Indeed, it's a tale as old as time, with a complex message that is as ageless as it is universal; but beneath all the layers it can be summed up very simply: love one another, and refrain from judging others who `seem' to be `different.' And leave it to Disney to present it in such a way that it can be embraced and understood by young and old alike as they have here, in one of their best animated features ever, `Beauty and the Beast,' directed by Gary Trousdale. When a young Prince fails the test of an enchantress disguised as an old hag, she transforms him into a hideous beast, as he is destined to remain until he opens his heart and learns how to love and be loved in return. And so that he'll know where he stands as time goes by, she gives him an enchanted rose, which will bloom until his twenty-first birthday, and he has only until the last petal falls from the flower to effect the change within himself that will be his salvation.
The beast, however, seems doomed, as he shuts himself away, alone in his castle, taking up a reclusive existence far from everyone and everything. Until, one day, a beautiful young woman named Belle shows up at his doorstep. Belle is searching for her inventor father, Maurice, who disappeared while taking one of his latest inventions to the fair; and his trail leads Belle to the castle of the Beast, where she discovers he is being held prisoner, having run afoul of the Beast by trespassing while lost during the night of his journey. Repulsed by the appearance of the Beast, Belle nevertheless strikes a bargain with him: If he will release her father, she will stay in his place. The Beast agrees, with the stipulation that she must remain with him forever. And as the Beast casts Belle's father from the castle and sends him on his way, Belle's fate seems sealed. The only hope now for either Belle or the Beast lies in the remote possibility that true love may somehow prevail before the last petal of the enchanted rose falls.
With the help of a richly textured screenplay (by Linda Woolverton) that invests the characters with a depth of humanity that is often lacking even in `non' animated films, and an Oscar winning score by Alan Menken, director Trousdale provides some real insights into human nature in this retelling of the familiar story of how true love can change even the darkest and coldest of hearts. There's magic in this film, which holds an enchantment of it's own, and the message is presented ever so subtly and with a sensitivity that draws you in gradually until you are so caught up in the story that you become immersed and totally involved without being consciously aware of it. It's a film that enfolds you and takes you where it will, and you go willingly. A beautifully rendered and realized film that successfully transcends it's genre, it is the first animated feature ever to be recognized and rewarded with an Oscar nomination for Best Movie (quite a feat in itself, as it received the nod over such films as `The Fisher King,' `Fried Green Tomatoes,' `Thelma and Louise' and John Singleton's `Boyz N the Hood' that year).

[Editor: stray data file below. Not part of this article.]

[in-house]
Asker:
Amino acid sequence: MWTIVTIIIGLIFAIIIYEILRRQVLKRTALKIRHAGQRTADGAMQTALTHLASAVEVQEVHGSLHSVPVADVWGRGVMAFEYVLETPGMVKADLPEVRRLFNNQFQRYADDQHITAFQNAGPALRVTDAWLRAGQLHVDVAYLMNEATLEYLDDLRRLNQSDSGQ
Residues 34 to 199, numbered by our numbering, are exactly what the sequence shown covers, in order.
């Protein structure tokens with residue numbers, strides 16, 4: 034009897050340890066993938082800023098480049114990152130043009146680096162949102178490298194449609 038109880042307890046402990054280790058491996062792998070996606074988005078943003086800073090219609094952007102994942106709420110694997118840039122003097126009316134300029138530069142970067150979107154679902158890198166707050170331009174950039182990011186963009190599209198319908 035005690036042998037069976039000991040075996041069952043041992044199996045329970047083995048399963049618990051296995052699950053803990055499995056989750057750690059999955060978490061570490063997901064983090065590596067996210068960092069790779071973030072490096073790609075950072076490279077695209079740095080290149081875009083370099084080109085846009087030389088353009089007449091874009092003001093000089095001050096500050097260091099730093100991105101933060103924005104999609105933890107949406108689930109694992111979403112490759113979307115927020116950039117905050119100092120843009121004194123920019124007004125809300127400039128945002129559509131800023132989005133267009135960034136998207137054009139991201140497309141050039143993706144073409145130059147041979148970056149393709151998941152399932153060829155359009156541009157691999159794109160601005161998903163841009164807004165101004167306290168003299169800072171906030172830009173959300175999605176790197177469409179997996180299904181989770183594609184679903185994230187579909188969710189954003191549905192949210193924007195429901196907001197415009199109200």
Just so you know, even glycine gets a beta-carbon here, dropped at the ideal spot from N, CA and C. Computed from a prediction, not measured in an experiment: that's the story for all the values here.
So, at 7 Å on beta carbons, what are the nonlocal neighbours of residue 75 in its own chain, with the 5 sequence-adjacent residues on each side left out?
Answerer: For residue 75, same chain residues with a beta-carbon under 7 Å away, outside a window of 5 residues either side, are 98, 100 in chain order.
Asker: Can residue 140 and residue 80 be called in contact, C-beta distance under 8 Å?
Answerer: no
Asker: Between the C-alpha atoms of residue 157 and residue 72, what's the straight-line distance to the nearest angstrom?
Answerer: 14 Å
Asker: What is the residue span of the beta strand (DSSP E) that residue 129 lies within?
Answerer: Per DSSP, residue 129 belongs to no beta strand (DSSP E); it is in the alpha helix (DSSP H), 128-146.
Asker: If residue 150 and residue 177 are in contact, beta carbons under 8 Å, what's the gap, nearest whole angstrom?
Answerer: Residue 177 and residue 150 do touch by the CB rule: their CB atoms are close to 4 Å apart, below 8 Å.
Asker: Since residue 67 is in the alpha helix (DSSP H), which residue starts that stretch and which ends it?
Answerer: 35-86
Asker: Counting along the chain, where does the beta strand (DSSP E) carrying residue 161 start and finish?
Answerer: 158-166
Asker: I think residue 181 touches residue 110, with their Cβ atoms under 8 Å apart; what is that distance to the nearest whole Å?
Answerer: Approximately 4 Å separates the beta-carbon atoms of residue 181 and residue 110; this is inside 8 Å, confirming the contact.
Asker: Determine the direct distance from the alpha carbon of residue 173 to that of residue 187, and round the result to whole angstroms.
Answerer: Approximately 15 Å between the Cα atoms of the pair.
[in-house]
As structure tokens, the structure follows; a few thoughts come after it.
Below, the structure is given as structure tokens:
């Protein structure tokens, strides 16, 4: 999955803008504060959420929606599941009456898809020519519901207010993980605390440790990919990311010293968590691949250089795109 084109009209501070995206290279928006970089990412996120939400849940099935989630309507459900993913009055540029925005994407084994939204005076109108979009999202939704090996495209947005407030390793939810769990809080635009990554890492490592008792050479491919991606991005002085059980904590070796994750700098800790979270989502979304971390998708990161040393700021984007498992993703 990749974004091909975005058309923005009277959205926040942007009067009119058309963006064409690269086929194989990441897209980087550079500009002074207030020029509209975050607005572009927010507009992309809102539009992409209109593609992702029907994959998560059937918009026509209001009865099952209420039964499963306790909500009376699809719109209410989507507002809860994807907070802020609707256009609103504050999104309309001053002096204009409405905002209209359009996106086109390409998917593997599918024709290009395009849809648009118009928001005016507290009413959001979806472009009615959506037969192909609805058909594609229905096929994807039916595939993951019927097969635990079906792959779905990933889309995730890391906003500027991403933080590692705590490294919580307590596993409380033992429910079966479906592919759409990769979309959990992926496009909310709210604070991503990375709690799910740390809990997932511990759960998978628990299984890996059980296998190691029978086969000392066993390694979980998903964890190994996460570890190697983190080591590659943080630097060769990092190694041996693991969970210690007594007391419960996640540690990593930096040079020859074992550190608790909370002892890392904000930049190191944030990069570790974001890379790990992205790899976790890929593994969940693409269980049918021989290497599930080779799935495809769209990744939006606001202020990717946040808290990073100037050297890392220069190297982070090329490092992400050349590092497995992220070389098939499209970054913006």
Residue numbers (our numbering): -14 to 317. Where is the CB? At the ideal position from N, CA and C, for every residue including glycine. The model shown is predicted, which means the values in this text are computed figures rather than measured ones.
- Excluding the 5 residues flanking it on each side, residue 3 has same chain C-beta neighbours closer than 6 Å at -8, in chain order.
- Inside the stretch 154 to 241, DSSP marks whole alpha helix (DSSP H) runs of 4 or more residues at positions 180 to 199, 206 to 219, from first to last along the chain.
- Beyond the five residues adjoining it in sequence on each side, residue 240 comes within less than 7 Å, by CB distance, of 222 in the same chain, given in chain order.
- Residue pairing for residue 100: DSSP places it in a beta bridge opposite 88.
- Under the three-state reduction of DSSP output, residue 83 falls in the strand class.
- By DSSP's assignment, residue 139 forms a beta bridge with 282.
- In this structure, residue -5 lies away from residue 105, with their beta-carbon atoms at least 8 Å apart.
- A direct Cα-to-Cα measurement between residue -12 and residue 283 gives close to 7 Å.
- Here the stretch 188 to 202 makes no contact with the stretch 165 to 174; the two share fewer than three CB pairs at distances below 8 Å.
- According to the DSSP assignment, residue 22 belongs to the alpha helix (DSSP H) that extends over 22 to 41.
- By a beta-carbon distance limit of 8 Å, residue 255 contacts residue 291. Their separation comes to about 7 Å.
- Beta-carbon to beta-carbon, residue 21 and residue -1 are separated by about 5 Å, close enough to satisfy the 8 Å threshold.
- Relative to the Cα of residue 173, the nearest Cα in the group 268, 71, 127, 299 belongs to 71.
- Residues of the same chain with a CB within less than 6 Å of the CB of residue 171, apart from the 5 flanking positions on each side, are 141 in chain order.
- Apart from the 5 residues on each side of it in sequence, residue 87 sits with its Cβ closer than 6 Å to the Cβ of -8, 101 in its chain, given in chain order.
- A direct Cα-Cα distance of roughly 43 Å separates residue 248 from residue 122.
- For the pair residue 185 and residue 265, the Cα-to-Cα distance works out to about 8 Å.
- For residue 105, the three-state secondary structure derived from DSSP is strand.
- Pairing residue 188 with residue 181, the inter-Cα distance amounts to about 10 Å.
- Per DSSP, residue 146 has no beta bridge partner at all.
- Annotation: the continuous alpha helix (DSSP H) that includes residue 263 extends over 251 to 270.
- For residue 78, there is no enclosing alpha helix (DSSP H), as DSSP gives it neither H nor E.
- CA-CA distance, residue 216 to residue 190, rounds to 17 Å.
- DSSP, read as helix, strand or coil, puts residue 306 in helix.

The talented cast supplying the voices of the characters includes Paige O'Hara (Belle), Robby Benson (The Beast), Richard White (Gaston), Jerry Orbach (Lumiere), David Ogden Stiers (Cogsworth), Angela Lansbury (Mrs. Potts), Bradley Pierce (Chip), Rex Everhart (Maurice), Jesse Corti (LeFou), Hal Smith (Phillipe), Jo Ann Worley (Wardrobe), Brian Cummings (Stove), Alvin Epstein (Bookseller) and Kimmy Robertson (Featherduster). There's a scene in this film that is so entrancing and so emotionally involving that it stands up against the best from any drama ever made: As Angela Lansbury (as Mrs. Potts) sings the Oscar winning title song, Belle begins to perceive the true nature of the man within the Beast; and it's no longer the cold-hearted Prince upon whom the enchantress cast her spell, because he has changed. And as they come together and the Beast takes Belle in his arms, sweeping her in dance across the elegant ballroom floor, it becomes one of those rare cinematic `moments' that are entirely transporting, and it does, indeed, take you away. It's a memorable scene that exemplifies the quality and craftsmanship of this film, as does the scene in which the Beast is at last transformed; that such emotion can be captured and expressed in an animated film is an exemplary accomplishment, and it's all a part of why `Beauty and the Beast' is one of Disney's all time greatest films.
One final note: Stay for the credits to hear Alan Menken and Howard Ashman's title song once again, this time performed by Celine Dion and Peabo Bryson. Hypnotically beautiful, this version has a magic all it's own and makes the perfect ending to an enchanting experience. It's all a part of the magic of the movies. I rate this one 9/10.